Subitizing – A Building Block of Successful Mathematics

Subitizing is the ability to quickly identify the number of items in a small set without counting. Researchers have demonstrated a strong relationship between subitizing skill and math achievement including a recent study with over 500 kindergarten students.

Subitizing skill has also been shown to be a reliable predictor of later math achievement. Educator Douglas H. Clement addressed a key question related to subitizing in his article, “Subitizing: What is it? Why teach it?”.  Clement concluded that subitizing can play an important role in the development of basic math skills including addition and subtraction skills.

Perceptual Subitizing vs. Conceptual Subitizing

In his article, Clement distinguishes between the perceptual subitizing common in very young children and conceptual subitizing. When a child quickly perceives that three dots are more than two dots, and names the total number of dots, the child is using perceptual subitizing. Because we are biologically limited to quickly subitize no more than four or five dots, it would require a conceptual understanding of number to know that four dots and two more dots make six dots.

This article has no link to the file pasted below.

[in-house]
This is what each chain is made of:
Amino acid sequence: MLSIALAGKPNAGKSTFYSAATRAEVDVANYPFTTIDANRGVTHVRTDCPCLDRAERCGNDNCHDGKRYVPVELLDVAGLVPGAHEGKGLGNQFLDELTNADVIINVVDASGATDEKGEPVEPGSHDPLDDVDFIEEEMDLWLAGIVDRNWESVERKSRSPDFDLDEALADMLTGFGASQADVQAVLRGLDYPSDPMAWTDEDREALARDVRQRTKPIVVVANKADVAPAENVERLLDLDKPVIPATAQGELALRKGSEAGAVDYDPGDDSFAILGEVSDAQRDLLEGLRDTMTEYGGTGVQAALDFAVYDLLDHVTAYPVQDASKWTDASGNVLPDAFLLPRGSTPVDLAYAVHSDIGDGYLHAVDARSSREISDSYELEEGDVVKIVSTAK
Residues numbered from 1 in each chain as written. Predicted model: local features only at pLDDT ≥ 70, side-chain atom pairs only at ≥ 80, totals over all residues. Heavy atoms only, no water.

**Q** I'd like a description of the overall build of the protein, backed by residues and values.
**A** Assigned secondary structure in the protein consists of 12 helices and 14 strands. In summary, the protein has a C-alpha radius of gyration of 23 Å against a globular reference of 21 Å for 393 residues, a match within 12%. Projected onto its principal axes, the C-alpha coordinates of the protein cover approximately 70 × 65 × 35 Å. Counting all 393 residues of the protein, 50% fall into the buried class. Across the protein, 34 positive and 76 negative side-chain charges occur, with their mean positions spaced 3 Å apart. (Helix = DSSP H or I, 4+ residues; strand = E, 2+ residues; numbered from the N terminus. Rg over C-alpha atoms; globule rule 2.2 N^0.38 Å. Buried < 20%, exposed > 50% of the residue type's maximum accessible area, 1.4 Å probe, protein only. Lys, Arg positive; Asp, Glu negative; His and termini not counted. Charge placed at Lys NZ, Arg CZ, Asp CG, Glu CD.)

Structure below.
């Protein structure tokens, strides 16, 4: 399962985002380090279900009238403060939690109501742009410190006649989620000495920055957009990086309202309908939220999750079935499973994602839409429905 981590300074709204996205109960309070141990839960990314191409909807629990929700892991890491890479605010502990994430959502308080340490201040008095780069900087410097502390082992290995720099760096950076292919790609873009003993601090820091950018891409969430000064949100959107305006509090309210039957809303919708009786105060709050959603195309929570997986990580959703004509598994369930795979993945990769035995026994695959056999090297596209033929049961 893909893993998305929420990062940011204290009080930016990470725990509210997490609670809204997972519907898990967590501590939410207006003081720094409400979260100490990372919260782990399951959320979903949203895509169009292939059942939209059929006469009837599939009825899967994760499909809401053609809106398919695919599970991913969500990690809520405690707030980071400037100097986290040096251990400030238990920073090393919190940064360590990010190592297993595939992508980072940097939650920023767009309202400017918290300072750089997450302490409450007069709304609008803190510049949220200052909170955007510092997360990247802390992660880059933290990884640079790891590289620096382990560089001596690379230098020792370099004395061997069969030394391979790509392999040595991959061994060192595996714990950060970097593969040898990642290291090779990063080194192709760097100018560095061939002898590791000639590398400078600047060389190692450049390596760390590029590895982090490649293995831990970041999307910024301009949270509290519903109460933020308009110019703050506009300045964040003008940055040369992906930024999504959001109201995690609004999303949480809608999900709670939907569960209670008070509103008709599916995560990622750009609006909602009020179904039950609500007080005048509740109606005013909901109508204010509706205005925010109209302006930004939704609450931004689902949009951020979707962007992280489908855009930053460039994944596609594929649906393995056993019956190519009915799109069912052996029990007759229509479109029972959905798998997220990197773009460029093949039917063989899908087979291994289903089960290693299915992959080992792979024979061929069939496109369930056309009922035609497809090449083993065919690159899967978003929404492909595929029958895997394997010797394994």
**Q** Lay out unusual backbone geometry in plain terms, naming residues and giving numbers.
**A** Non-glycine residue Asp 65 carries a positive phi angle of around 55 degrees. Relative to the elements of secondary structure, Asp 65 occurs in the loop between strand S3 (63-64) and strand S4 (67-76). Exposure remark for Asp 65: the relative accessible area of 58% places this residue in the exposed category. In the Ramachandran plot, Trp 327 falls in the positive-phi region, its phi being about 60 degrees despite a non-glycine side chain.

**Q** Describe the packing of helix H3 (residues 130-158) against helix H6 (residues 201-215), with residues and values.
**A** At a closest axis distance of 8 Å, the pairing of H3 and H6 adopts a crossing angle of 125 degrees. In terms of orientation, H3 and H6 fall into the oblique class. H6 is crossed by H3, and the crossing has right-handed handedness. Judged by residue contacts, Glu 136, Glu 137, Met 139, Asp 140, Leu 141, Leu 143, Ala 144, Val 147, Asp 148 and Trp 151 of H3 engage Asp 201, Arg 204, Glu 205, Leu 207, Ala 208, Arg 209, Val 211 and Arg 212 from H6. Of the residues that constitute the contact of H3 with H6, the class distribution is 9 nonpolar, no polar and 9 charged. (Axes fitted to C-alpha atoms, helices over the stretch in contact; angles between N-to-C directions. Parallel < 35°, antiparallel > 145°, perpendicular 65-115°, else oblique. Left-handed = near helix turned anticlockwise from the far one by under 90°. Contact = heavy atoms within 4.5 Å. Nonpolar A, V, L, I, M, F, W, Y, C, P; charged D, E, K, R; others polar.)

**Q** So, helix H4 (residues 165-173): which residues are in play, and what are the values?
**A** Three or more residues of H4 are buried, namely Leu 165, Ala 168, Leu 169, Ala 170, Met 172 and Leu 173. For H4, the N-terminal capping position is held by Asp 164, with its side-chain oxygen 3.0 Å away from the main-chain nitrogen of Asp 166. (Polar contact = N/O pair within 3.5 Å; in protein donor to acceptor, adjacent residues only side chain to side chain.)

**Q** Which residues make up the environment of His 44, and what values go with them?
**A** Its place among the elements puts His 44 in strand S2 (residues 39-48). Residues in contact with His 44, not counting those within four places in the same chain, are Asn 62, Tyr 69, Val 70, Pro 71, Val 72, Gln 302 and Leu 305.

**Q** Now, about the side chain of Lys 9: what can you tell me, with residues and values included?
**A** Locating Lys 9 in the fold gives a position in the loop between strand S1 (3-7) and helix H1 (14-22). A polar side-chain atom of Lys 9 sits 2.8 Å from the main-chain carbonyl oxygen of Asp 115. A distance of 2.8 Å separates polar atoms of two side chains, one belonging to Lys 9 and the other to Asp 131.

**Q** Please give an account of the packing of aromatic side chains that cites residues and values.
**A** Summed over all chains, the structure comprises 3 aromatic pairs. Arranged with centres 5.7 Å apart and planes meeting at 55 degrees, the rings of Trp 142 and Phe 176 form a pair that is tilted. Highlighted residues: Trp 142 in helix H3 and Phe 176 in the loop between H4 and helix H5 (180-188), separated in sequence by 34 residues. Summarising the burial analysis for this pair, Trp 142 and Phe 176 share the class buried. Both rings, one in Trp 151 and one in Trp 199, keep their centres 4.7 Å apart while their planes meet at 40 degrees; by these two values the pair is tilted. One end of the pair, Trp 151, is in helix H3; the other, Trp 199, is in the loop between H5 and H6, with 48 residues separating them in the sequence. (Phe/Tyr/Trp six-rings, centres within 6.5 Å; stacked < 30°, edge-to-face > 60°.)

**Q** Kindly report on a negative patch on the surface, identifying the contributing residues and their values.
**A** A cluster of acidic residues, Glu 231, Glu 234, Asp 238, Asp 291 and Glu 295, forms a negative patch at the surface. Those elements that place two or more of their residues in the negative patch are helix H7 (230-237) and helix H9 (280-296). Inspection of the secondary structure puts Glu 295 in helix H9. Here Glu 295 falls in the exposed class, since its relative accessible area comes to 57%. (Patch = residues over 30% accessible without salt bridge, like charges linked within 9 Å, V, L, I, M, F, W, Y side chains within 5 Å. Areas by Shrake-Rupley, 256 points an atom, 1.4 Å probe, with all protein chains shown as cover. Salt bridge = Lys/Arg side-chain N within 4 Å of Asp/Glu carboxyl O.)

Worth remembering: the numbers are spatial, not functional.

Conceptual subitizing is similar to the ability to combine small sets of numbers or number combinations. This can be accomplished in several ways. One way is to memorize a specific pattern of numbers. When a child learns that two columns of three on a die make six, the child is memorizing a pattern for six. With explicit training, however, students can combine numbers non-verbally to determine the sum of two sets of numbers.

As Clement suggests, the arrangement of dots or items in a set can make knowing “how many” difficult or easy. Dots that are too tightly arranged or placed in a circle are more difficult to subitize than dots that are placed in a line or in a rectangle. In KENS Math, the arrangement of dots is purposefully created to provide a measured degree of challenge. In most cases, a linear arrangement is used, because it models a number line.

Additional research studies have documented the success of teaching older students to subitize. In one study, students were trained to recognize sets of numbers presented on a computer screen for a fraction of a second. With practice, these students developed the ability to subitize. These students also demonstrated increased arithmetic skill without explicit training!

In KENS Math, the placement of dots, the gradual increase in challenge, and the intentional training of subitizing and number combinations is designed to take advantage of these key research findings to further support each student’s number sense development.

Dr. Ken Newbury explains subitizing and demonstrates how to use KENS Math subitizing flash cards in this video: